The BBC and ME: A LOVE-HATE THING Part II
Something of a delay has occurred since my first lucubrations on my relationship with the BBC. But, better late than not at all, I here resume the story at the beginning of 1978. We left our hero passing Yule without knowing quite what the estimable David Rose had in mind for him. As it turned out, David wanted me to produce a run of new plays of up to an hour’s duration for a new mid-week slot on BBC2. He needed me to start quite soon and hence to effect a release from my obligations to The Observer at the paper’s earliest convenience.
I was excited and flattered by the offer. As a long-standing student of one-off teledrama, I had plenty of ideas and opinions. David had picked up this inclination in my journalism and felt that it squared with what he was trying to do at Pebble Mill. His carefully achieved reputation there had allowed the modest expansion that provided this new strand and he evidently wanted to take some risks with it. In my own estimation, I certainly counted as a risk. I reckoned that no one would have been made up to producer at the BBC with so little practical experience since the days when pretty much everything went out live, nearly two decades before. And producers as young as 30 were rare.
When I arrived at David’s Pebble Mill fiefdom in Birmingham, I discovered that there was a certain amount of on-going office politics to be either contended with or ignored. David himself produced the three or four annual contributions to the Play for Today strand. Peter Ansorge, for whom at the outset of my journalistic career I had freelanced when he edited Plays & Players, had been promoted from script editing and was now running a new drama serial for BBC2 called Empire Road. The gig I had landed ought to have been handed to the other in-house script editor. He was older than me and vastly more experienced in both television and theatre. His name was Michael Wearing.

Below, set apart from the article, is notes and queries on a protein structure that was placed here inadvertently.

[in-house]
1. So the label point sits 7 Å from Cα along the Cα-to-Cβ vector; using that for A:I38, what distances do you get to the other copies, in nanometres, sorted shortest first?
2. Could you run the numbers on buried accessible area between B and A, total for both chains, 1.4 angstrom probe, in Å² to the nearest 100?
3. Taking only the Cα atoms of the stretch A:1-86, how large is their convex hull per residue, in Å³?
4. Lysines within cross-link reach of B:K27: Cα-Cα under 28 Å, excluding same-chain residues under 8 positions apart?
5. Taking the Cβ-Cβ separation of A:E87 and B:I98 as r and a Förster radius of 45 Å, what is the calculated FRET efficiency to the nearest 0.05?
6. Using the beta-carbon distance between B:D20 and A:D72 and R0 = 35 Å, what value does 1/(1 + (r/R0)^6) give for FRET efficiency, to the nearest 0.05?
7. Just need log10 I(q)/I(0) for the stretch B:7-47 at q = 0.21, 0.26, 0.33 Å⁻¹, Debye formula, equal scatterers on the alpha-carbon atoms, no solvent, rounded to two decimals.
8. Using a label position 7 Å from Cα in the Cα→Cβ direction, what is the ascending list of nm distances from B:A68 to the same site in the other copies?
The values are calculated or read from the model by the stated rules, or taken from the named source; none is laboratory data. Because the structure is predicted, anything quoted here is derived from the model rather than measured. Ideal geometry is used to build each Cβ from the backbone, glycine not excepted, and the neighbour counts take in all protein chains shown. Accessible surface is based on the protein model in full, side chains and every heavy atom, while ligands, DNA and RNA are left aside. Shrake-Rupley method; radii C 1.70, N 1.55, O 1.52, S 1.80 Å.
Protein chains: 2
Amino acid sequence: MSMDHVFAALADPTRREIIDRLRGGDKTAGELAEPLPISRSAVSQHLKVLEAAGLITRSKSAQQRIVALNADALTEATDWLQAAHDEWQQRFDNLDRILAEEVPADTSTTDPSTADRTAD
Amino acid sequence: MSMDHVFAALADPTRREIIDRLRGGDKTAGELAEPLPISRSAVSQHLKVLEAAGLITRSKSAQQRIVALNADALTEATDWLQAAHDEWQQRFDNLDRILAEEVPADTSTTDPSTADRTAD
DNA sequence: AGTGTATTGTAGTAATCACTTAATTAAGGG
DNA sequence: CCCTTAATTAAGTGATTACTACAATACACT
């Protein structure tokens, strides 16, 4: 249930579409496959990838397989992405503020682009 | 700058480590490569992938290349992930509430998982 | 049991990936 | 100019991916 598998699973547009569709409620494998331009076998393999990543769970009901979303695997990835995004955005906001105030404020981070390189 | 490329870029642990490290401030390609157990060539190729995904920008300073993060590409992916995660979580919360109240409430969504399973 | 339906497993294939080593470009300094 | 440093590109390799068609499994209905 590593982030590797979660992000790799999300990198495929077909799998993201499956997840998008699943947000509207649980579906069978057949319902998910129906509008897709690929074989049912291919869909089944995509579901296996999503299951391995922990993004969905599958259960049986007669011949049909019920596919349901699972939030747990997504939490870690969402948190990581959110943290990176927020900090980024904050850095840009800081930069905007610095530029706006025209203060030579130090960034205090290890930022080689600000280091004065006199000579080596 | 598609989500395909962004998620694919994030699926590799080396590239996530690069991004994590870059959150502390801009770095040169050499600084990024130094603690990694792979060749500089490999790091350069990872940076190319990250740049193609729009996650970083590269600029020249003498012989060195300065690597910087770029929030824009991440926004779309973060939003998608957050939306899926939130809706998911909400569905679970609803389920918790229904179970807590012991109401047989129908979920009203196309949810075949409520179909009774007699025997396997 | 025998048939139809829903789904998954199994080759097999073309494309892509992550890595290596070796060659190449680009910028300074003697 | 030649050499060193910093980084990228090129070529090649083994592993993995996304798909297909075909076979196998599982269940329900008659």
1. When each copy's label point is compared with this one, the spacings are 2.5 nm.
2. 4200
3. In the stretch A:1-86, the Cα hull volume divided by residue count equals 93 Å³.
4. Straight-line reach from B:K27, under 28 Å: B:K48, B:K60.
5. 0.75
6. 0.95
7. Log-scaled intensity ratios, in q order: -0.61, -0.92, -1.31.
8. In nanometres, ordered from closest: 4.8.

Though no stranger to anger or resentment, Mike makes a convincing show of geniality and, in all our dealings, never gave me to think that he harboured one iota of grudge against me. For that I was most grateful. At the outset, I briefly acknowledged that I understood he was more entitled to the job than I was and he gamely brushed that aside. I think we worked well together for the duration, he as my script editor. More pressing was that the schedule did not allow me to commission a full season of new work. This further suggested that my appointment might not have been as planned as David might have me think. But there was no point in dwelling on that.
Given that I had to go with a couple of existing pieces, I read Mike’s cache of possibles and settled on a modest, sincere little first play by a middle-aged Nottingham poet called Derrick Buttress. Entitled Connie, it had a nice lead role for a good actress and happily we were able to get a very good one, Marjorie Yates, to play it.
Another from Mike’s drawer was an amusing little shaggy-dog story by the actor Jack Shepherd. Underdog was set in Whitehall and needed a couple of actors who knew how to play that thin line where high comedy meets satire. Happily, Anton Rodgers and Nigel Hawthorne took the roles, the former generously ceding top billing to the latter. Nigel in particular was utterly convincing as a Whitehall mandarin and there is no doubt that his performance in Underdog won him the role that made him famous, Sir Humphrey in Yes, Minister, soon after the play’s transmission.
Pebble Mill had a tradition of throwing neophytes into the deep end and I decided that I could make a bit of reparation to Mike Wearing by asking him to direct the Shepherd. He had plenty of experience directing in the theatre: years earlier, I had seen his famous production of Max Frisch’s The Chinese Wall that won awards at the NUS Drama Festival with a cast led by one Alan Yentob. The studio technicians were relatively generous towards directors in the gallery who are floundering a little – it’s not unlike flying a plane without having been trained – and Mike never seriously floundered.